As World Cancer Research Day is approaching on the 24th September with the theme this year as ‘Integrating diversity, advancing research, and achieving equity’, we celebrate our significant commitment to cancer research through our biobanking infrastructure.
The Victorian Cancer Biobank (VCB) is a critical research infrastructure for cancer research and clinical trials. Through strong partnerships with major healthcare providers in Melbourne and across Victoria, VCB enables Victorians affected by cancer to empower research. We continue to create significant impacts to the research community in advancing scientific discoveries and boosting the local and international research and development landscape.
Here are some of our recent achievement highlights:
- VCB has achieved an impressive recruitment figure of 39,441 donors.
- VCB has supported 60 research projects in just last year, accruing over 300 research projects benefited from VCB so far.
- 19 highly-impactful scientific publications cited VCB’s contribution last year.
- VCB has signed a MOU with Singapore Translation Cancer Consortium to foster collaboration in biobanking and cancer research to address this critical unmet need.
On this special day, we are very pleased to have Ms Ashley Rudge, a biobanking expert from Peter MacCallum Cancer Centre (our consortium partner), who will share how she and the biobank are contributing to cancer research.
Interview with Ashley Rudge
Q1 Tell us about your role in biobanking.
The world of biobanking is an important resource for health and medical research. In broad terms, we provide ethically obtained human samples to support researchers in making game changing discoveries that will ultimately improve cancer outcomes.
As a Tissue Bank Manager, I manage the biobanking operations of the Peter Mac Tissue Bank (a member of Victorian Cancer Biobank). On a typical day, I work closely with my team to obtain consent from patients (and healthy individuals), collect, process and/or store samples (and relevant information), providing them to researchers locally and internationally for their scientific work.
As enabling patients to empower research is in our DNA, I strive to promptly provide these donated human samples at their best fit for research projects, expediting ground-breaking discoveries. This is achieved through our strong engagement and communication with patients, various hospital teams (e.g. surgeons, pathologists) and researchers. Our multi-hospital collaboration as the Victorian Cancer Biobank consortium synergises our capabilities in achieving this goal.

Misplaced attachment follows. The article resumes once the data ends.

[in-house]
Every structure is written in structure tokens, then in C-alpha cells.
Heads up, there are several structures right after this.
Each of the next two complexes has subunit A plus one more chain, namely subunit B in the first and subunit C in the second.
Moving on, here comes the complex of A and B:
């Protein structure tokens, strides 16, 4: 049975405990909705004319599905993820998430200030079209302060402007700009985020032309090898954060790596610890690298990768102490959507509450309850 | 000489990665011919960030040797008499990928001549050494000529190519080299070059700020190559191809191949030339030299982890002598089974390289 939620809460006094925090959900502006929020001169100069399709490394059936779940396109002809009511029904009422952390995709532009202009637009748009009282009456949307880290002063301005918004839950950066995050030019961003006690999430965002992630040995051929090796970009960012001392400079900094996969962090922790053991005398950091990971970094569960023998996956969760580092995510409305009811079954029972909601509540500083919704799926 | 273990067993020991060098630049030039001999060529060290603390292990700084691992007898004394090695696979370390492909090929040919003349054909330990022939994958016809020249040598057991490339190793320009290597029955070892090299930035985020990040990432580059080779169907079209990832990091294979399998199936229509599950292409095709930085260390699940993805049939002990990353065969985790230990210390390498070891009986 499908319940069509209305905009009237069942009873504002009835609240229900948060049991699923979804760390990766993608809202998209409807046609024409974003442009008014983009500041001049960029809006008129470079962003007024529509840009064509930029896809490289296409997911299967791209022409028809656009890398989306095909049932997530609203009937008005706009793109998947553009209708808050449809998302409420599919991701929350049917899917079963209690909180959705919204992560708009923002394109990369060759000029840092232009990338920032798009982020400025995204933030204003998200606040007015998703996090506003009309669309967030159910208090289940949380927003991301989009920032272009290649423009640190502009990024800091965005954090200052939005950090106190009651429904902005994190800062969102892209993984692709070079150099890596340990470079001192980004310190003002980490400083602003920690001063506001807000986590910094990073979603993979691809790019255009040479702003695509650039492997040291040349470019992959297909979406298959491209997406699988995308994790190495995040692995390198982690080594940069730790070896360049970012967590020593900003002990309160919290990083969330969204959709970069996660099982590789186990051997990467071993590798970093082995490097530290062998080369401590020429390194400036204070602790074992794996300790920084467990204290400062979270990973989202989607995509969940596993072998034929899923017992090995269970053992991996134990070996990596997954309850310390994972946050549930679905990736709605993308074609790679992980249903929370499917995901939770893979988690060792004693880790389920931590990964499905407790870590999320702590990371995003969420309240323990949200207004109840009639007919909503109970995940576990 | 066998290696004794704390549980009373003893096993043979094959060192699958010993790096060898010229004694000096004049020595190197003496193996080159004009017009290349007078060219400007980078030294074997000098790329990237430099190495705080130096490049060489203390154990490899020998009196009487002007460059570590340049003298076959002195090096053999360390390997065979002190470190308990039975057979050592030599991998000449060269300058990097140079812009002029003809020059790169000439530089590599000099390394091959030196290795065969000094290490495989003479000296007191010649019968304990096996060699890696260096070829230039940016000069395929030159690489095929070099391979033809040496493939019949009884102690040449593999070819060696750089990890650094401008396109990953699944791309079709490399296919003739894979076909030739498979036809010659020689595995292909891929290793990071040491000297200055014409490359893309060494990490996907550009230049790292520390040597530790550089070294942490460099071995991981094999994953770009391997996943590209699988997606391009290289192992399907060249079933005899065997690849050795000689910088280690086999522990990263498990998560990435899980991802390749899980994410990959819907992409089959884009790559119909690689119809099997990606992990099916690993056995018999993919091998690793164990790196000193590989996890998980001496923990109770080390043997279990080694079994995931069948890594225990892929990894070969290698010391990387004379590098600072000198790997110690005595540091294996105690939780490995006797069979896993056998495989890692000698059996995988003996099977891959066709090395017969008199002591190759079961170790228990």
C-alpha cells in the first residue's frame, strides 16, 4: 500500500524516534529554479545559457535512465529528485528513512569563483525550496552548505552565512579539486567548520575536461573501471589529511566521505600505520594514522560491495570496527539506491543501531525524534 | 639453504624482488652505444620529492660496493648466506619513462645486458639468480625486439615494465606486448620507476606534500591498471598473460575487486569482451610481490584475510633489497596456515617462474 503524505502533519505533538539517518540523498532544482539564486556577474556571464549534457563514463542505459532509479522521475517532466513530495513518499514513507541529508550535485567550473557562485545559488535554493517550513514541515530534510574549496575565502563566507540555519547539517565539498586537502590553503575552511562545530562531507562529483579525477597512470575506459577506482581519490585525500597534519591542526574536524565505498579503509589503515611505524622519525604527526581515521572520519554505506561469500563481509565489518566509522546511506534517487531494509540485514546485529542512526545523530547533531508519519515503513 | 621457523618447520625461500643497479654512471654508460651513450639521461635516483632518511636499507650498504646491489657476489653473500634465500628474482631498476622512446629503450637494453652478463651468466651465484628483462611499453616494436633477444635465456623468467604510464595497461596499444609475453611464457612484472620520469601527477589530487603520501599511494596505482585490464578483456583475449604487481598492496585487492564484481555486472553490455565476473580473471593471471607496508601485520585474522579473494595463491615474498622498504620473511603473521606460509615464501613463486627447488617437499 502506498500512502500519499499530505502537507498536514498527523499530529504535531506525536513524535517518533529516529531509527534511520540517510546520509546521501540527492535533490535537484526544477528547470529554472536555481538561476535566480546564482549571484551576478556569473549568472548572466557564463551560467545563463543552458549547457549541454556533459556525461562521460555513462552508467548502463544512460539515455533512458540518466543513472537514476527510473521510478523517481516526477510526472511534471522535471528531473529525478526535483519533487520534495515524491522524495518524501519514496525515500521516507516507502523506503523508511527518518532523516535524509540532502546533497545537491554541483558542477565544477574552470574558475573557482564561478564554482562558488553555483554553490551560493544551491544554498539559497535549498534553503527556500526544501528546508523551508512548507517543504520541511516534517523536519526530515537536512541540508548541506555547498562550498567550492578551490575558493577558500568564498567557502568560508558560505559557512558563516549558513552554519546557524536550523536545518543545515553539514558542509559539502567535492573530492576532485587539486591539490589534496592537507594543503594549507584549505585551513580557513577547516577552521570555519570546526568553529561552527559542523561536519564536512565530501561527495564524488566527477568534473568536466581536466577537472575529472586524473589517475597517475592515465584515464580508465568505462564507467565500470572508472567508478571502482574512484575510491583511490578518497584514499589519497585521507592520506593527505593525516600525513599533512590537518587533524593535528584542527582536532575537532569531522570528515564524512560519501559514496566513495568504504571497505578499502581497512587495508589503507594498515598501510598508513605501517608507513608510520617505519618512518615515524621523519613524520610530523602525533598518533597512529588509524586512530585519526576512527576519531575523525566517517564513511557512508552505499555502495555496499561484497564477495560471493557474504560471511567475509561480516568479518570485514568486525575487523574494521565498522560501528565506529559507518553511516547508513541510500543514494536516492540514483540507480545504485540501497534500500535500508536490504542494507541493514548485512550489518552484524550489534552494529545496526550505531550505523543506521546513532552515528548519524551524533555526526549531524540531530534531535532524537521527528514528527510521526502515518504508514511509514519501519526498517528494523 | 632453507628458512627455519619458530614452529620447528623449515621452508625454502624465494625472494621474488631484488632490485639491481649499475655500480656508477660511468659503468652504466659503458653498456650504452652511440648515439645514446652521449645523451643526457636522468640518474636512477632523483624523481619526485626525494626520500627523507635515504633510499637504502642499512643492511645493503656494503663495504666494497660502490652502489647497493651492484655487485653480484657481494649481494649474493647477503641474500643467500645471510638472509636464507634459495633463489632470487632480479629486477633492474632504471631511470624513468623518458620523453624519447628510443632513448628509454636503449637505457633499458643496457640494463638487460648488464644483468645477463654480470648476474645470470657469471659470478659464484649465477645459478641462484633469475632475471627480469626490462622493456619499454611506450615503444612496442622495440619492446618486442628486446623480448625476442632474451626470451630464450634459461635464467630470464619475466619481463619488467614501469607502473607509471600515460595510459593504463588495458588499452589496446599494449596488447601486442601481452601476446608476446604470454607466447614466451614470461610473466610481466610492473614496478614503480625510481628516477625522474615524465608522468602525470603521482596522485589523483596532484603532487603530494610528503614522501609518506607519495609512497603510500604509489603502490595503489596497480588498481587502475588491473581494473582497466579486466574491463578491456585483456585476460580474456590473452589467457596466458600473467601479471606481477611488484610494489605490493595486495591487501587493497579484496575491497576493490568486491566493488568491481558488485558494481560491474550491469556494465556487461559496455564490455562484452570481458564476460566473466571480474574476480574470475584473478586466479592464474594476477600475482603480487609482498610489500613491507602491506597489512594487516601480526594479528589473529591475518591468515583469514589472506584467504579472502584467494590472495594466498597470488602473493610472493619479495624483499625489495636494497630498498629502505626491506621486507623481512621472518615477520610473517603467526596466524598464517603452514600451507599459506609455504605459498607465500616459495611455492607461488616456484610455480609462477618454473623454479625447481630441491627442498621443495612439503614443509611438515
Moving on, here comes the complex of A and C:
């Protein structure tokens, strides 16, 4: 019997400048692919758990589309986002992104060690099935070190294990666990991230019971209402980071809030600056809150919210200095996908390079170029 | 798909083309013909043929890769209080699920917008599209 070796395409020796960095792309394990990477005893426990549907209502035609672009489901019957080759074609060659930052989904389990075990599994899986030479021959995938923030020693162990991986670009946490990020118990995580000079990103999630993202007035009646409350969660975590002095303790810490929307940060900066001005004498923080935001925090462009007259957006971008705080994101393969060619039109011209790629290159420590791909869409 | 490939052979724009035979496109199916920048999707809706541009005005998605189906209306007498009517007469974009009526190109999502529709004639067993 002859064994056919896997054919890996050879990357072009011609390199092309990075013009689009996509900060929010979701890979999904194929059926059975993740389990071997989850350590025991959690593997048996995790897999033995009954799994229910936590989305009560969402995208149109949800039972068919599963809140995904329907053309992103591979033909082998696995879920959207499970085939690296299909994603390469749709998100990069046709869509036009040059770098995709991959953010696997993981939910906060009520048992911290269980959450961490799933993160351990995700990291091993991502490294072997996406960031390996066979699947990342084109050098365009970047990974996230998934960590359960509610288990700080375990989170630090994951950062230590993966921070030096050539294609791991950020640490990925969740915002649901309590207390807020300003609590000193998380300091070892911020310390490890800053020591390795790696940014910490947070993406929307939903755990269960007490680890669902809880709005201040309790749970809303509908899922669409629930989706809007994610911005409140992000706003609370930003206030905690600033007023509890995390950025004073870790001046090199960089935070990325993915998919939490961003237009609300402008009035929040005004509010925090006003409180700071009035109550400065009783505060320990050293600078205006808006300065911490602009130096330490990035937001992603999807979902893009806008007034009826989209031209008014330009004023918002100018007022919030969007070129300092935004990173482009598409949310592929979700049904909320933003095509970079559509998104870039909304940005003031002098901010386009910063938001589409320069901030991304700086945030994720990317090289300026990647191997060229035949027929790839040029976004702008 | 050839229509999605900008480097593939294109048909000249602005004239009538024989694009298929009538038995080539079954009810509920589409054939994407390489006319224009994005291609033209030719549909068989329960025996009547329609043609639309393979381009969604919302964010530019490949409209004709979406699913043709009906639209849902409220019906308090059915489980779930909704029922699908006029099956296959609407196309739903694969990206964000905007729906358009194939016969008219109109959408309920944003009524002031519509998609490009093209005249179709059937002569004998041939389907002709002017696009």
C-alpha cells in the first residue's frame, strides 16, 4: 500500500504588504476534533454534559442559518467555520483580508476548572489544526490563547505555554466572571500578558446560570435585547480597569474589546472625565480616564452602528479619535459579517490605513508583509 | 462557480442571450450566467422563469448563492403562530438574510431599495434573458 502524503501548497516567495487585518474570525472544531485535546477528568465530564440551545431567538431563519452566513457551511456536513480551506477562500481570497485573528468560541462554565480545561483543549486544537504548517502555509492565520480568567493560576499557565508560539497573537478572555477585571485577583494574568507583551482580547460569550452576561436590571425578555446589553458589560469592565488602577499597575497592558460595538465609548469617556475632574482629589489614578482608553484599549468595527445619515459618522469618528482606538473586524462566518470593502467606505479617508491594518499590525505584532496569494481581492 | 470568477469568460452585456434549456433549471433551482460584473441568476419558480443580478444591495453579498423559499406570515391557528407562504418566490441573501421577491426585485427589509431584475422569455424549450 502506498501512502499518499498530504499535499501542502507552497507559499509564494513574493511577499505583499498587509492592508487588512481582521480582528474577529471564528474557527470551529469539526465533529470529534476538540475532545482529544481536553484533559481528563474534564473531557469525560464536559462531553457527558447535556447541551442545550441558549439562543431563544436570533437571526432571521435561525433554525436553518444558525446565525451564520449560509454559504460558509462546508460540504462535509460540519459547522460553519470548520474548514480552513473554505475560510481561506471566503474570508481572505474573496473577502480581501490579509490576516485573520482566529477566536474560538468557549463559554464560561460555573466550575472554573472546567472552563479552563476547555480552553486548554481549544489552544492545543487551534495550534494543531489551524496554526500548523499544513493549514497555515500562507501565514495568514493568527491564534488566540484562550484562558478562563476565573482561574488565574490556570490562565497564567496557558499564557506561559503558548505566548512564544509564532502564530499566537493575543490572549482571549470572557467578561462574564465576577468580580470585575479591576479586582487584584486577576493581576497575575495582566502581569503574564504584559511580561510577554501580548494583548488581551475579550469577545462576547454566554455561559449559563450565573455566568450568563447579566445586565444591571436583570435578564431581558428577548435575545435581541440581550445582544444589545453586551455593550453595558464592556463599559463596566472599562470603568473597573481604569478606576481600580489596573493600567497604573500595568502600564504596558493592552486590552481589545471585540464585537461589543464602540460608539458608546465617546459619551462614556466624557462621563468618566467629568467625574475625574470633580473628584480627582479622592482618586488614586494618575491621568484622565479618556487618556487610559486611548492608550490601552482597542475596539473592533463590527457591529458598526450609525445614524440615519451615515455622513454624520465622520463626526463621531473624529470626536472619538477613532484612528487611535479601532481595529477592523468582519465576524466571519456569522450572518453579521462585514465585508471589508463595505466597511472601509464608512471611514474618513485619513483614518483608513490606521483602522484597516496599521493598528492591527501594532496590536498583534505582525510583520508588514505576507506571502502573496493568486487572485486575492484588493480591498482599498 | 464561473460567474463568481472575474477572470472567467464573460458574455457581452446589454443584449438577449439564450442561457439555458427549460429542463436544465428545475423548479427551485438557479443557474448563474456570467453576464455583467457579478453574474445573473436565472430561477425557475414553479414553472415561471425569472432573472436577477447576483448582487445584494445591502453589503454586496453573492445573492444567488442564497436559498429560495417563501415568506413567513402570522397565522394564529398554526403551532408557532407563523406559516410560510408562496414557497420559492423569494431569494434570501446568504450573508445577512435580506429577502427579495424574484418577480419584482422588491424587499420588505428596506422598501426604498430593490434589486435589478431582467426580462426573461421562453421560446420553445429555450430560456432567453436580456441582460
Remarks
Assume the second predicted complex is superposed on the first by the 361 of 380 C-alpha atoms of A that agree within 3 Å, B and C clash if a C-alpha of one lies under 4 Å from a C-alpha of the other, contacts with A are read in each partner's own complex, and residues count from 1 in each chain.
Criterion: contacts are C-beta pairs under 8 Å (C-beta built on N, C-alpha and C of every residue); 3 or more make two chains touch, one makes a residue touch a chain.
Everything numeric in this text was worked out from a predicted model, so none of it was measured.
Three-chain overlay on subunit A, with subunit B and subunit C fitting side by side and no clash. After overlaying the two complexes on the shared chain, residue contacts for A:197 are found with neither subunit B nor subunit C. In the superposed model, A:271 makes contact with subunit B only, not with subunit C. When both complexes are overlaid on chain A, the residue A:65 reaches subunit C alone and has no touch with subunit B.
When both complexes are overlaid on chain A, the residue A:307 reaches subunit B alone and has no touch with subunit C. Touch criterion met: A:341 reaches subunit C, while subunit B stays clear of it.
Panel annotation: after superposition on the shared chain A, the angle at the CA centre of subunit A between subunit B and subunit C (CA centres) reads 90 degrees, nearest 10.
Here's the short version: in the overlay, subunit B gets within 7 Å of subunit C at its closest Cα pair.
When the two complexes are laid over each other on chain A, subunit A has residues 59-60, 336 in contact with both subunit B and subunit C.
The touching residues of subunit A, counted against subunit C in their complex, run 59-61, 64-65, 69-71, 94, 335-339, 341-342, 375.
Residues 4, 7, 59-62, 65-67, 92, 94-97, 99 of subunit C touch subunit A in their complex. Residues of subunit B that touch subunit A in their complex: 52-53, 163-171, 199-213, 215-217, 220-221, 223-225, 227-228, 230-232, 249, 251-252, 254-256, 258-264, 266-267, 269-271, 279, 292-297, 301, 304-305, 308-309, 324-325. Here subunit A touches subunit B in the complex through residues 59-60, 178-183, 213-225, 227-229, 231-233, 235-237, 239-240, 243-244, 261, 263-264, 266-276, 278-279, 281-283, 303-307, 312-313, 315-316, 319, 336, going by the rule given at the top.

Q2 In your view, how does Victorian Cancer Biobank consortium contribute to cancer research?
The VCB utilises its strength in numbers as a consortium to offer a breadth of opportunity to empower research by providing a wide catchment of tumour streams and donors across Victoria – including 5 Tissue Bank sites, collecting from 28 hospitals and a Central Operations team.
As a consortium, we care about the need for human samples in research of any kind, aiming to offer fit-for-purpose human samples in an open access manner.
Q3 What do you most enjoy about working in biobanking?
I love the fact that we connect and interact with the patients that we obtain and collect samples from to help facilitate cancer research. We provide an opportunity for patient empowerment to participate in real change and contribute to furthering cancer therapies/treatments and diagnostics. Furthermore, maintaining a patient connection to the samples we provide allows us to keep the patients at the forefront of our minds – in striving to make a difference.
Q4 What would you like to say to the participants who donated blood/tissue samples to the Victorian Cancer Biobank program?
I would like to give immense thanks to every single person that has donated and supported cancer research through the VCB. Your generosity and altruism have and will continue to make a difference to cancer research across Victoria and the world – positively impacting those in the future who will face a cancer diagnosis. All we have achieved is attributed to you.
About World Cancer Research Day (WCRD)
The WCRD is launched in 2016:
- To raise awareness and commitment for cancer research
- To facilitate access to scientific advances worldwide
- To improve survival and quality of life of cancer patients
- To reduce the global impact of this disease